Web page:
The aurora borealis—it amazes, energizes and astounds with no two events ever being the same.
The aurora borealis—it amazes, energizes and astounds with no two events ever being the same.

2022 Provost’s Award Winner Plans to Practice Rural Medicine

Christian Johnson, an upcoming senior, won the 2022 Provost’s Award for Academics. He is pursuing a double major in Human Biology and English.  

Johnson’s goal is to go to medical school and become a primary care physician in a rural area.

 A native of Detroit, he choose Michigan Tech because the small size of the university and community appealed to him, and he found the faculty in the College of Arts and Sciences so helpful.  He visited Tech many times and participated in a Summer Youth Program. “I could see myself being part of Michigan Tech community,” he says.

Christian Johnson
Christian Johnson

Johnson is pursuing a dual major in human biology and English. He worked with Greg Miodonski, a graduate student in Qinghui Chen’s lab, on a research project studying the effect of exercise training on cardiovascular function in animals.  Chen is a professor of Kinesiology and Integrative Physiology and an affiliated professor of Biological Sciences and Biomedical Engineering.

The research investigated how exercise impacts the function of small conductance calcium activated potassium (SK) channels in the paraventricular nucleus of the hypothalamus (PVN) of rodents. Its goal was to assess whether exercise could augment SK channel function in normotensive and hypertensive rats and consequently sympathetic nerve activity and blood pressure.  

“Christian was an invaluable assistant, and his Cool Hand Luke demeanor will be missed,” said Miodonski. “Working with rodents is challenging and can be intimidating, but Christian took to the rodents immediately. Unlike exercising humans, exercising rodents poses several challenges. Mainly, rodents are poor listeners and don't follow instructions too well. This means that exercising them requires diligence, focus and lots of patience. Christian exhibited all of these qualities. Some undergraduate assistants require a lot of mentoring and instruction before gaining autonomy, but not Christian. A quick study, he handled obstacles exactly how I would have and impressed me at every turn. Christian also aided me with recording blood pressures in conscious rodents. This is challenging and requires constant attention for many hours. Here again, Christian exceeded expectations.”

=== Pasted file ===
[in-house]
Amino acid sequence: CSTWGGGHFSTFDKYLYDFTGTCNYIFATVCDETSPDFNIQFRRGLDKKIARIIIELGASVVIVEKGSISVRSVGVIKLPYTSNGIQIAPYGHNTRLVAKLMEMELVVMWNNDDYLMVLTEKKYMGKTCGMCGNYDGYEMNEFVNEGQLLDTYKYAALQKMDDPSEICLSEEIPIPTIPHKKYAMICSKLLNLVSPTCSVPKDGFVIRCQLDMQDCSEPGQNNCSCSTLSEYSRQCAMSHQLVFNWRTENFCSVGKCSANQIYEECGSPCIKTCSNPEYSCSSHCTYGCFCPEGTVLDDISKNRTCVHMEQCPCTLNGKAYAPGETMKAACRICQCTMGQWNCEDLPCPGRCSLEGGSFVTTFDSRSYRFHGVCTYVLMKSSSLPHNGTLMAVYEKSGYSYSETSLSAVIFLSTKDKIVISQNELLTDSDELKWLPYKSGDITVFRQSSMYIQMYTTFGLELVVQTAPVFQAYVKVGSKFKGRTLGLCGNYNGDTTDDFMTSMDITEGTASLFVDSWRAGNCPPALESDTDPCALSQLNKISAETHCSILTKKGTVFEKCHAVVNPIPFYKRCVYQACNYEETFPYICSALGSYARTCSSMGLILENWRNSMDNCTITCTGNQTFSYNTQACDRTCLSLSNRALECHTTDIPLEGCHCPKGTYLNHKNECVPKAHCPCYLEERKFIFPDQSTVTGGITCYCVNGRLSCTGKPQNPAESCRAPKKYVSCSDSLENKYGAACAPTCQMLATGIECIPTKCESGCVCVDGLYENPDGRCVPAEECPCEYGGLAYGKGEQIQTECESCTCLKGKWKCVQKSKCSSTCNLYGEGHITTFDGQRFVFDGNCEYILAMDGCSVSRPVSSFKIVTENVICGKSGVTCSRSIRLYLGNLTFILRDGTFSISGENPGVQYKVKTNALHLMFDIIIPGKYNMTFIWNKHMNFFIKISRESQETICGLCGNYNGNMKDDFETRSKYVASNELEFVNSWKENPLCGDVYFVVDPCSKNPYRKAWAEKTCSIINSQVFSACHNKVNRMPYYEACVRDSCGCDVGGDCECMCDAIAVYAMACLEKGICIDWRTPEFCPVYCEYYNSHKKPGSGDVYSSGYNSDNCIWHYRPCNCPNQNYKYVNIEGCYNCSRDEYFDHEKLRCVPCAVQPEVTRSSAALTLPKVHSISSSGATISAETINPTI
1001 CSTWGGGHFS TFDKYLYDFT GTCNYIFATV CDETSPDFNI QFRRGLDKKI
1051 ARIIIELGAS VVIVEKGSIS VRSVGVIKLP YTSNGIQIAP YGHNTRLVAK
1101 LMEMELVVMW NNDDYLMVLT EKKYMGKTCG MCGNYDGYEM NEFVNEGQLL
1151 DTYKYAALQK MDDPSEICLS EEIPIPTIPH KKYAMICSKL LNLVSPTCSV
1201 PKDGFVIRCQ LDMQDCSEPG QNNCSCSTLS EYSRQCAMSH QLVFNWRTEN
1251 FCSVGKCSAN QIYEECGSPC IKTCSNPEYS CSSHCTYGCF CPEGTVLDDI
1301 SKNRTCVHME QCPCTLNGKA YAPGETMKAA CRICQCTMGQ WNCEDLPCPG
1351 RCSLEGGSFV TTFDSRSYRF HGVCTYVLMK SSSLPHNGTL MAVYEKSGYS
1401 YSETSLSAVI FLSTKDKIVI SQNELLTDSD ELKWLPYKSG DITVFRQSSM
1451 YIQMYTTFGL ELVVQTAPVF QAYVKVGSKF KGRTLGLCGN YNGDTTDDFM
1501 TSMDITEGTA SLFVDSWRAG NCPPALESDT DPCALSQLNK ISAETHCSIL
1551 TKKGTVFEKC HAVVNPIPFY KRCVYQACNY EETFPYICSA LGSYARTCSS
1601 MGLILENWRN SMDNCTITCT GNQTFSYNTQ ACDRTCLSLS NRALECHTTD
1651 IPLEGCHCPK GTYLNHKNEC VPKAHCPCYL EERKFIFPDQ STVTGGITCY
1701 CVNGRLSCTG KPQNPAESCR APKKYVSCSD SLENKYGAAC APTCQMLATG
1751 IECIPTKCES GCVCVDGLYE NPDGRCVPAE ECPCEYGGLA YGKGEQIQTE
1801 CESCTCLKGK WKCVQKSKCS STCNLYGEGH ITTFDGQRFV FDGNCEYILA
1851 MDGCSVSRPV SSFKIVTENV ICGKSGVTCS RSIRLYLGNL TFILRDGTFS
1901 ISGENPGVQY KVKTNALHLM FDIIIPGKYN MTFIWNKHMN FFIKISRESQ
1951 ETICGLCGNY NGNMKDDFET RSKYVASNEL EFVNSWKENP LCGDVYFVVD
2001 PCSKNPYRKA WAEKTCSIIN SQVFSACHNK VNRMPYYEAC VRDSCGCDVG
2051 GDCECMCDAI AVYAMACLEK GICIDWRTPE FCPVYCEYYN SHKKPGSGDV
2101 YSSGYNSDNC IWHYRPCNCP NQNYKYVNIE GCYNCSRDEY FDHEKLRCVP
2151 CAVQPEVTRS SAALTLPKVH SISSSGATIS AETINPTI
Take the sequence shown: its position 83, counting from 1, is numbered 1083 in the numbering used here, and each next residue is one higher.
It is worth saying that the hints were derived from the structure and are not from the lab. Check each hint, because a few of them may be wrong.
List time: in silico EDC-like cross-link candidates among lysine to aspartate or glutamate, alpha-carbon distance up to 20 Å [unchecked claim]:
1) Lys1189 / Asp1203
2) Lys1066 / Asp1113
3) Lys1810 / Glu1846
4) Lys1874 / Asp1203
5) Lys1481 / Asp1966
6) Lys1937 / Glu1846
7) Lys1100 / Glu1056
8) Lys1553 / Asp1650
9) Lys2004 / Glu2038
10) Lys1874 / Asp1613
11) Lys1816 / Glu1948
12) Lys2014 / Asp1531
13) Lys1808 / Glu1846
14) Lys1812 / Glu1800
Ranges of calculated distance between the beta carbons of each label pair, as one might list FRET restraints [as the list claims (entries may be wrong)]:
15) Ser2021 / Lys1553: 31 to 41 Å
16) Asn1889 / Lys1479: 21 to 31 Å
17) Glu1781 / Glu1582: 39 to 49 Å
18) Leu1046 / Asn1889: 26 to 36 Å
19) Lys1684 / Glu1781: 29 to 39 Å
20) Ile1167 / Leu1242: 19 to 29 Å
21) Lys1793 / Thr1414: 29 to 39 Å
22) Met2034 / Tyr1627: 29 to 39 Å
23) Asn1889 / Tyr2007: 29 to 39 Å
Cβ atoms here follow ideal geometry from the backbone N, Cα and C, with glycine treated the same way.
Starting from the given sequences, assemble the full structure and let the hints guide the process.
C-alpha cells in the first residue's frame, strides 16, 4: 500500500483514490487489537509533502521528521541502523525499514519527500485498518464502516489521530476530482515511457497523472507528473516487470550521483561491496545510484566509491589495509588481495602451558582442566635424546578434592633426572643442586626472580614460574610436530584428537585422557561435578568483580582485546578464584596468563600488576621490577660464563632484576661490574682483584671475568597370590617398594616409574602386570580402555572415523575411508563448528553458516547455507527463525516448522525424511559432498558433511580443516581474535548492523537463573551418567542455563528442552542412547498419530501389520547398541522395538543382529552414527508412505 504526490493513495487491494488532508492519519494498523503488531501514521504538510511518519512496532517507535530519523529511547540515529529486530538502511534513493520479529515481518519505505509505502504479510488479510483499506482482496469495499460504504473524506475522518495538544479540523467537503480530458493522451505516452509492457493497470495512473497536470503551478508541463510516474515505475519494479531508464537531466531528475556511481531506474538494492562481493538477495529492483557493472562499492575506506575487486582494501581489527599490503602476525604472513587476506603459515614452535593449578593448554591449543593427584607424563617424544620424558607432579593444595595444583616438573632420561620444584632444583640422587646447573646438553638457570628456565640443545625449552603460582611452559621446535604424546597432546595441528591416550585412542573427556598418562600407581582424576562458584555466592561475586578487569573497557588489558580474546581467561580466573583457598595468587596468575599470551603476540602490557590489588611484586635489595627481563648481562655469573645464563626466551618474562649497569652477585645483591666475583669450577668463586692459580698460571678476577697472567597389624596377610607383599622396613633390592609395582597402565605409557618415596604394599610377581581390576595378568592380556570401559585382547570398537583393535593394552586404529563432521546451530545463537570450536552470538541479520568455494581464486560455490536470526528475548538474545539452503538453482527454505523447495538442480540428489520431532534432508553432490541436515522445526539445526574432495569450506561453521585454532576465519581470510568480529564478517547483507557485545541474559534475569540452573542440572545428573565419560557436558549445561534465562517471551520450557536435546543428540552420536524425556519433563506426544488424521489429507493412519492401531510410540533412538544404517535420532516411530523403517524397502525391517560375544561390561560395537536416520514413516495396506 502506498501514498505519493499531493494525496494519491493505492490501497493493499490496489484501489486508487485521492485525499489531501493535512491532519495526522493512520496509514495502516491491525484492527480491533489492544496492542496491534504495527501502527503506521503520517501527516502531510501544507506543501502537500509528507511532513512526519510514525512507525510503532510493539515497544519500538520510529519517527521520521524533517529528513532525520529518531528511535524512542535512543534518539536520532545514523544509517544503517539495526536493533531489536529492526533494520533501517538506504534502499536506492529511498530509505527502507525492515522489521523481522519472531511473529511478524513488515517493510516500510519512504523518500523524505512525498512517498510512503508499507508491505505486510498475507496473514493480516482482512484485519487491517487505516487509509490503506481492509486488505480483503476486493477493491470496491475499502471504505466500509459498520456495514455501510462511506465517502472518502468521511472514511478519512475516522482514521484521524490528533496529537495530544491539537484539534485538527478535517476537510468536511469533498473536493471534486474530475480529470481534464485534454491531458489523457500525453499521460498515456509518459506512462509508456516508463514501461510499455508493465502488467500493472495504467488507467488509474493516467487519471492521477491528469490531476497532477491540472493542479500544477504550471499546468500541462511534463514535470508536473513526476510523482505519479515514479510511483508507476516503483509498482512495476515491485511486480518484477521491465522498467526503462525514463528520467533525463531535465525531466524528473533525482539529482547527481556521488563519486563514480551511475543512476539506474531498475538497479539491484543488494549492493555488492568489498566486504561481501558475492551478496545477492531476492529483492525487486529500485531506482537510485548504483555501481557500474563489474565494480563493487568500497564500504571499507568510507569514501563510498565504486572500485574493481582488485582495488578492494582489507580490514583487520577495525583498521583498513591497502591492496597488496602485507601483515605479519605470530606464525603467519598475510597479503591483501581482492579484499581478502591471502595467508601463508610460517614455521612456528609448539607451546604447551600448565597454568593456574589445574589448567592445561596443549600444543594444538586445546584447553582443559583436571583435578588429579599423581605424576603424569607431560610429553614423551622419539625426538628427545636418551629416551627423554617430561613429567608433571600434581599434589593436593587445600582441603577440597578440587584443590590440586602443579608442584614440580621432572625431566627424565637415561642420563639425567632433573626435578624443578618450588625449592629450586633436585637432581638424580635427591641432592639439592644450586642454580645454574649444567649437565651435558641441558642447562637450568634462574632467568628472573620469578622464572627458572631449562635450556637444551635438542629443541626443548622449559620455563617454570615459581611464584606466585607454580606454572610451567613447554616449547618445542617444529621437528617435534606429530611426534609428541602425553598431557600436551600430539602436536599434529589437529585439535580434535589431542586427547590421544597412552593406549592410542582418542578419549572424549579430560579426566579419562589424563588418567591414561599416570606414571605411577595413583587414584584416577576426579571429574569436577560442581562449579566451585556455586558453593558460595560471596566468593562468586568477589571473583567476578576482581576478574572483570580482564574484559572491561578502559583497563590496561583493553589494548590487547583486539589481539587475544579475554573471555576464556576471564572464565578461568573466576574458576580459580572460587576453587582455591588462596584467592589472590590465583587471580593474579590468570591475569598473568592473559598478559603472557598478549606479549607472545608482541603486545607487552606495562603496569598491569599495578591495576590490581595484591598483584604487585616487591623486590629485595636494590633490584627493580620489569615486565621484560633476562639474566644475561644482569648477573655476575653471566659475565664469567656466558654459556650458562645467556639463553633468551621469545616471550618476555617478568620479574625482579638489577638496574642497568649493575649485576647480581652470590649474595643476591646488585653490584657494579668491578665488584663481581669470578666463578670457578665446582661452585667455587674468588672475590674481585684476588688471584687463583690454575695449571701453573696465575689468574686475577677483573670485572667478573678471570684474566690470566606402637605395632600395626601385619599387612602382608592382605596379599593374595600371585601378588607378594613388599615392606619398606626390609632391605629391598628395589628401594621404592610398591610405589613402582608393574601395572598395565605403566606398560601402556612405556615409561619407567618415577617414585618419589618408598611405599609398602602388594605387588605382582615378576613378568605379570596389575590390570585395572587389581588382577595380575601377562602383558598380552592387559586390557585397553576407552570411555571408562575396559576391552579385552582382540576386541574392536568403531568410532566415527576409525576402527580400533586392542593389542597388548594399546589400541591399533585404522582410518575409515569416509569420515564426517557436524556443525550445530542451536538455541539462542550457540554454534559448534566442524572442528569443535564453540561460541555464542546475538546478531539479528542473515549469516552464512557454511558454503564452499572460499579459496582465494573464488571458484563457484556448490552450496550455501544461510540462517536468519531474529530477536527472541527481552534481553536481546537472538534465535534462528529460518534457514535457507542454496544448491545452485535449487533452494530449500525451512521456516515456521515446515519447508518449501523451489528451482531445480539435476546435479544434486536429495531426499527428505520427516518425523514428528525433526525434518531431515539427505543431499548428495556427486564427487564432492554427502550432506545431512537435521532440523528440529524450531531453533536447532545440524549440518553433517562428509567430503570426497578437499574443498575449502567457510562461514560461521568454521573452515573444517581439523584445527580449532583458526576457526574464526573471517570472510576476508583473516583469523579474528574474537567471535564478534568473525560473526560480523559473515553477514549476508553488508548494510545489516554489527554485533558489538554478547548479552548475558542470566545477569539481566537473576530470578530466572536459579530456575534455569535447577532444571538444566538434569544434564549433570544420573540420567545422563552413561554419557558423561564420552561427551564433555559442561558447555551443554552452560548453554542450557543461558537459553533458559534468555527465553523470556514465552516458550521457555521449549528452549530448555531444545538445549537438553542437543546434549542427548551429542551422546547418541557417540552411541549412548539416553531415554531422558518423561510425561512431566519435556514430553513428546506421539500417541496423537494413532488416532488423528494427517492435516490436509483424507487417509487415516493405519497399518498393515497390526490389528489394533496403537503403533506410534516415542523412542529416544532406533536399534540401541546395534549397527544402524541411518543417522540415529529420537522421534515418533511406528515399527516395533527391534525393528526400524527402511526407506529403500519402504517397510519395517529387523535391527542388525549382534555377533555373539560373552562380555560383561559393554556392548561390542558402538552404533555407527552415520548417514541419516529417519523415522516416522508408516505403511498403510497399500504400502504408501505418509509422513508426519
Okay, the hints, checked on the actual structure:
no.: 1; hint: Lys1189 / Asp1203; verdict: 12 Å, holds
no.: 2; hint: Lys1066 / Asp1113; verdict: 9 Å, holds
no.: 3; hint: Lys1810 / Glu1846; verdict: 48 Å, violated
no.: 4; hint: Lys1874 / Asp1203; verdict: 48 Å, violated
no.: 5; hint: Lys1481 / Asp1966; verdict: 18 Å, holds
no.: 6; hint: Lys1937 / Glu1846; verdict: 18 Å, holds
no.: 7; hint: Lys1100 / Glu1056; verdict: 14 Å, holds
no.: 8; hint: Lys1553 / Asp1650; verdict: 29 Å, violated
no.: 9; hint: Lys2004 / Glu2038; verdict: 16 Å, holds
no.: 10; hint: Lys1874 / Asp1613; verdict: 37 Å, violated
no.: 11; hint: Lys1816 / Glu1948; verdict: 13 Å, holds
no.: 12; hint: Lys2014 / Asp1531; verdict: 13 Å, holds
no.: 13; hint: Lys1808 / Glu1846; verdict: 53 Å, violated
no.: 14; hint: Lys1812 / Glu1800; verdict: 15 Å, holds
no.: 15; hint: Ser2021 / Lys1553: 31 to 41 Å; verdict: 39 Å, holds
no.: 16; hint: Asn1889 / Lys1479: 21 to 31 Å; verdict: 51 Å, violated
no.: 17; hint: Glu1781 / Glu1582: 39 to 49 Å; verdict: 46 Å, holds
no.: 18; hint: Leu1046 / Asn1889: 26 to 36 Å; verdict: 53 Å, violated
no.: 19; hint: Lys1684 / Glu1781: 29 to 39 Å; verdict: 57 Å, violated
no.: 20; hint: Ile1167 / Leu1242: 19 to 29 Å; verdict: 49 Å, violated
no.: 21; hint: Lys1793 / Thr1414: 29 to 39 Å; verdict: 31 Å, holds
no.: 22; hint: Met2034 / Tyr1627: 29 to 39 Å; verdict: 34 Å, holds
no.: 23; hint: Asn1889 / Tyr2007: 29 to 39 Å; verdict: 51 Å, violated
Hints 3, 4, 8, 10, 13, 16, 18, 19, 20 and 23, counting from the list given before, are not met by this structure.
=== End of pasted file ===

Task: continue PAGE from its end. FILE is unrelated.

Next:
In addition to research, Johnson immersed himself in many activities at Michigan Tech, including the Blue Key National Honor Society, Alpha Epsilon Delta—the National Health Pre-professional Honor Society, the Pavlis Honors College, the Pre-Health Association, and Sexual Assault and Violence Education. He also worked as a writing coach in the Michigan Tech Writing Center, served as a resident assistant and in various other mentoring roles. He found time to serve as an active volunteer for Dial Help and recently had a piece of his creative writing published.

This summer he studied at the University of Stirling in Scotland, where he took courses to fulfill major requirements for his English degree.

“When I heard that I received the Provost's Award, I was shocked,” Johnson says. “Hearing all of the work I have been putting in and my accomplishments being read aloud; picking up the plaque; and shaking Dean Kampe's, Dean Southerland's, and President Koubek's hands is a moment I will never forget.”

Johnson is currently applying to medical schools. Being from Detroit and living in Houghton, he has had the opportunity to see medical care in both urban and rural settings. Working with Dial Help particularly opened his eyes to the struggles that rural area residents face in accessing resources and being able to see a physician. “That experience made me want to serve rural areas and help with the primary care physician shortages in those areas,” he says. 

2021 Provost Award Winner Says Research, Clinical Care Go Hand in Hand

Thomas Basala was the recipient of the 2021 Provost’s Award for Scholarship. He graduated in May with a Bachelor of Science in Human Biology.

Basala, who plans to attend medical school, is spending the summer as a lead intern at the Minneapolis Heart Institute Foundation. He will stay there for the rest of this year as a research associate.

The Provost’s Award for Scholarship recognizes a student who embodies Michigan Tech’s scholarship value statement:  We inspire world-class scholarship through academics, research, and continued learning.  It is awarded annually to a rising senior who has demonstrated excellence not only in academics but also in research, levels of intellectual curiosity, creativity, and communication skills.

Each department is invited to nominate one undergraduate for the award. In 2021, Basala was the Department of Biological Sciences’ nominee.

“Thomas is one of the most conscientious, reliable, and appreciative students I have met,” says John Durocher, adjunct associate professor of biological sciences. Basala worked in Durocher’s lab.

Thomas Basala
Thomas Basala

Basala says winning the Provost’s Award caught him by surprise. “There are so many talented students at Michigan Tech,” he explains.

A student in the Pavlis Honors College, he worked in the Clinical and Applied Physiology Lab throughout his years at Michigan Tech. He received two research grants while he was an undergraduate: a Michigan Space Grant Consortium young investigator award to study how nocturnal blood pressure relates to indices of cardiovascular risks such as arterial stiffness; and a Summer Undergraduate Research Fellowship (SURF) to investigate the efficacy of pre-sleep meditation on sleep in young adults. “They were both very enriching to me,” he says.